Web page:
How does your e-mobility project intersect with people’s daily lives in your community and geography?

Burundi experiences a rainy period of eight months each year along with four months of dry season, giving us a great source of hydropower most of the year and a sufficient period of sunshine for solar energy development. Three-wheelers are preferred by communities for shelter from both rain and the sun. The potential of connecting three-wheelers to mini-grids in rural communities not only helps reduce emissions but provides a more reliable source of energy compared to expensive, imported petrol. Electric mobility would also have added value – petrol is not only expensive but also regularly unavailable due to various supply chain constraints. 


Why did you choose to work on 3-wheel electric transport?

1. Three-wheelers’ mobility is cheaper and more accessible to low-income communities.
2. Three-wheelers can circulate in isolated corners of the country where a standard vehicle cannot access.
3. The current means of public transport is not large enough to move the population effectively.
4. Car taxis are expensive and not accessible to a majority of the low-income population.


Who do you seek to engage with your project, and how would you like them to respond to or be influenced by your work?

We are aiming to get two- and three-wheel electric vehicles into low-income communities, where affordability and accessibility are absolute necessities for the adoption of new technology.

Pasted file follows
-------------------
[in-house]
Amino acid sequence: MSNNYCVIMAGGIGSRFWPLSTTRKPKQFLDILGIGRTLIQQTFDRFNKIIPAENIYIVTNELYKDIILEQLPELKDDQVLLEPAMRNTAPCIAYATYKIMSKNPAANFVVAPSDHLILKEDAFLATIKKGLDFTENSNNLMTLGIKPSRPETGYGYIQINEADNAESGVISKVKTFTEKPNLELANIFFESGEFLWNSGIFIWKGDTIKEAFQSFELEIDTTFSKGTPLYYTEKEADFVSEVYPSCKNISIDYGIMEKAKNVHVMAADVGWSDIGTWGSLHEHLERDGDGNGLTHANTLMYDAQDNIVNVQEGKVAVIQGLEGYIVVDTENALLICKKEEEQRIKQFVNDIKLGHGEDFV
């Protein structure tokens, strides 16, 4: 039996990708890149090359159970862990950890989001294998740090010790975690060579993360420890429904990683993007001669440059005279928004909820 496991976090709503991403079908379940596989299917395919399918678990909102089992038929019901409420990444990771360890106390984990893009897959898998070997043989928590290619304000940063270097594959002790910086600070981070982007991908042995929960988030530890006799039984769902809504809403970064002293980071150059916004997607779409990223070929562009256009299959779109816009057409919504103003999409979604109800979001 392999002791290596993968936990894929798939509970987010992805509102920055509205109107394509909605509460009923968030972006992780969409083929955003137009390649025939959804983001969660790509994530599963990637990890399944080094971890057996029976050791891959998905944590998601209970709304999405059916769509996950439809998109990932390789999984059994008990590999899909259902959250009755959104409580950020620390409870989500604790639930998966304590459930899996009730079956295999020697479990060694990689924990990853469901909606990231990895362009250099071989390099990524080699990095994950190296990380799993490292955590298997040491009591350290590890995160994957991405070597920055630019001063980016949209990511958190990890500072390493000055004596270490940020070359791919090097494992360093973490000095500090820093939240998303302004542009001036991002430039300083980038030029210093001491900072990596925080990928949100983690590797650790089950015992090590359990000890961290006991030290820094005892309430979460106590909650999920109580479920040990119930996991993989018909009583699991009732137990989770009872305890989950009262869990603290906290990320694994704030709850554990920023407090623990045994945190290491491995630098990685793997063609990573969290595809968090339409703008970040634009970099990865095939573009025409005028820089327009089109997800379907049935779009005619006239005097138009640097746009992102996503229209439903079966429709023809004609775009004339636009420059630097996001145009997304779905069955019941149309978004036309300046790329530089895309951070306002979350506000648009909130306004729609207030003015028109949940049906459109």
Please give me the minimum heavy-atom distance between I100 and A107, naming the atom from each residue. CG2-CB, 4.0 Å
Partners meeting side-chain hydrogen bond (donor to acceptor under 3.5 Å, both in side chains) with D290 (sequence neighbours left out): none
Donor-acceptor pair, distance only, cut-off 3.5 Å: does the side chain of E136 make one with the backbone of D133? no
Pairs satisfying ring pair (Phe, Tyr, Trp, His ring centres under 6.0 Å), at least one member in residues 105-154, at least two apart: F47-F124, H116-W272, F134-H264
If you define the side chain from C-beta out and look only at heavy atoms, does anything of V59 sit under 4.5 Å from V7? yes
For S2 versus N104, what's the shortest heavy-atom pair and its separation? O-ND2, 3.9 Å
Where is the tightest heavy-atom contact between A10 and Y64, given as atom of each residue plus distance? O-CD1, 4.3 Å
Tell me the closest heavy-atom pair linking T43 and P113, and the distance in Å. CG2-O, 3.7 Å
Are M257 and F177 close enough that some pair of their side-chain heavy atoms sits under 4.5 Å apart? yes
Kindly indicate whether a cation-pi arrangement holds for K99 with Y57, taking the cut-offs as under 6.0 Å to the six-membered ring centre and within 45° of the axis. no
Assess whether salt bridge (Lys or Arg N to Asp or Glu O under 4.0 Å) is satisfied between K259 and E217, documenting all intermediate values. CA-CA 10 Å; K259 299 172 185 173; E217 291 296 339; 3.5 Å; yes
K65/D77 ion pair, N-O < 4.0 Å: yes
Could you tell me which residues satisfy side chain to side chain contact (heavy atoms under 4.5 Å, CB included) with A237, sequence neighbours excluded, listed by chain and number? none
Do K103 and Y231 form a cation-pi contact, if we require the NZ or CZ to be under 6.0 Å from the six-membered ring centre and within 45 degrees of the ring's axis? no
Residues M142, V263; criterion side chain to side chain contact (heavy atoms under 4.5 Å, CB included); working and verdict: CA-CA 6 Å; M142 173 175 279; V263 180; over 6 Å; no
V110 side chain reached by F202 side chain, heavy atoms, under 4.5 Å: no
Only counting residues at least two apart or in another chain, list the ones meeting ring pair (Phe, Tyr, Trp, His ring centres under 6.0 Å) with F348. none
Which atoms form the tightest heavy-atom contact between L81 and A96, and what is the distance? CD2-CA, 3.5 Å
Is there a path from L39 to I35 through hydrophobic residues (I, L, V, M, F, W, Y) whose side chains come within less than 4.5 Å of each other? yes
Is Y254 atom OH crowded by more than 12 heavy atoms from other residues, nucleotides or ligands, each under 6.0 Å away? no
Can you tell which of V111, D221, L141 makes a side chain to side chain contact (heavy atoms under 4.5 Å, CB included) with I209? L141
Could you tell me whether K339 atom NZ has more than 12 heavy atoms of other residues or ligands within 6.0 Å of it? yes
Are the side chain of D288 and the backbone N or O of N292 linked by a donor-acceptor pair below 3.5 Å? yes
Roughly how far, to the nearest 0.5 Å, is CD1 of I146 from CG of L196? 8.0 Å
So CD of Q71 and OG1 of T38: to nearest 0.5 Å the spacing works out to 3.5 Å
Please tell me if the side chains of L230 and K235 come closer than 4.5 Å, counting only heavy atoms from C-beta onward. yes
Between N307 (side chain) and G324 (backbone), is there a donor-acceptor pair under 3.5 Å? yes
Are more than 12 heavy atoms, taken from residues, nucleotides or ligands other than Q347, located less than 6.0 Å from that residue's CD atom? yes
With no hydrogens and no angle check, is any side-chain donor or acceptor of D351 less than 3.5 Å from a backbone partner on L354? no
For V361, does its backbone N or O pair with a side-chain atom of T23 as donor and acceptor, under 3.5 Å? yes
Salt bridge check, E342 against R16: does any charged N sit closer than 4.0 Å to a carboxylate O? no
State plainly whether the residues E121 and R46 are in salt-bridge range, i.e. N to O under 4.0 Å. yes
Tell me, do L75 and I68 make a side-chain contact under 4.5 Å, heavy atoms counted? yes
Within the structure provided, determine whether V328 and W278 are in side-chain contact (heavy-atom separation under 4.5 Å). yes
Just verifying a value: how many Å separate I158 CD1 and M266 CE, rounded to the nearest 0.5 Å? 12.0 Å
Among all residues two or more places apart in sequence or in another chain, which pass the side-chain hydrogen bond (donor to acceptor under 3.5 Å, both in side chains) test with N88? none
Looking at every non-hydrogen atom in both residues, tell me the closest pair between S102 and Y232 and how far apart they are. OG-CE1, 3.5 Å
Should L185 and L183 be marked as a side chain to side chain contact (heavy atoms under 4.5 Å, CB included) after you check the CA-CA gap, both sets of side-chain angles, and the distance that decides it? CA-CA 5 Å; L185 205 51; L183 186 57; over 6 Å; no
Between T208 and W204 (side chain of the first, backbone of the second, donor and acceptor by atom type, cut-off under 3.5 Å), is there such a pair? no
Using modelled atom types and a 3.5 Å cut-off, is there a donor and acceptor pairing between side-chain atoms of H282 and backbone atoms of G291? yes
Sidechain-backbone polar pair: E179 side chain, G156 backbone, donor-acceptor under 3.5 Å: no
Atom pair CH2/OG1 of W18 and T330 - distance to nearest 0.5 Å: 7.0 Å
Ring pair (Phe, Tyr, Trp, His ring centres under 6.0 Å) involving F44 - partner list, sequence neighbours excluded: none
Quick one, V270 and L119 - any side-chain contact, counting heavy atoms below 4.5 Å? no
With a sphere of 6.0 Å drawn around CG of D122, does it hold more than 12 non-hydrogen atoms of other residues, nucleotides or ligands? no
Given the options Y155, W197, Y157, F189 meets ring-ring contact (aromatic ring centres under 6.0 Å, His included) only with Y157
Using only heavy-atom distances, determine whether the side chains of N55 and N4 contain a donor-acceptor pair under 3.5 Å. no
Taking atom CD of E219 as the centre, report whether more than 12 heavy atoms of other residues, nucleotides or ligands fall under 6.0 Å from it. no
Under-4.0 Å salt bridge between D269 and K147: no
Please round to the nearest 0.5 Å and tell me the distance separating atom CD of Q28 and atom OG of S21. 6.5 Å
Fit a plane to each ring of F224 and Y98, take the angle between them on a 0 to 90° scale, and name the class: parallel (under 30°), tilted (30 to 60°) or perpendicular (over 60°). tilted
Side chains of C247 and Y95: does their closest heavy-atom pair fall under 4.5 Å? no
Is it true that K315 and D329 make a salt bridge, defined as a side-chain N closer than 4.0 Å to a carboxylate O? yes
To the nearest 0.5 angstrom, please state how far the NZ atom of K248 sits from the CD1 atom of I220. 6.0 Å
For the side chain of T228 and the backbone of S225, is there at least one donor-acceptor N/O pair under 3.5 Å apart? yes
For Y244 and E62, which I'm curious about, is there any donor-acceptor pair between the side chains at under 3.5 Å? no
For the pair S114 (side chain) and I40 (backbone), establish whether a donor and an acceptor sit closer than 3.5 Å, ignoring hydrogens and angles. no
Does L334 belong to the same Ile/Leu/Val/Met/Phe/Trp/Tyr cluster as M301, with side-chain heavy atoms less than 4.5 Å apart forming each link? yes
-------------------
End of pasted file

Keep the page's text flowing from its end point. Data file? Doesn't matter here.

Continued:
Are there key statistics or facts related to your project, your vision, or the context of e-mobility where you work? 

The electric mobility initiative has only recently begun in Burundi. In recent years, the Office of Public Transport (OTRACO) has received 25 tricycles from an Indian company, Mahindra. Given the importance of promoting this initiative, the Ministry in charge of transport requested funding from the Global Environment Facility. The country expects to receive $800,000 USD for this purpose.


What is your vision for ambitious action on e-mobility or zero-emission transportation in the region where you work?

Our vision is for the large-scale promotion of electric mobility in close partnership with all involved stakeholders to reduce transport-based greenhouse gas emissions as much as possible.


Do you have any concerns about whether we (as a global community) are “on track” to support your vision?

We face a few key challenges, namely: the financial cost of achieving this ambitious but beneficial vision for the world; limited capacities for the maintenance and management of the electric vehicle fleet; and the adherence of everyone to this initiative. If the global community is able to commit resources and support to our vision, we will be much more successful in achieving our goals.

Published January 23, 2024

Salvator Ndabirorere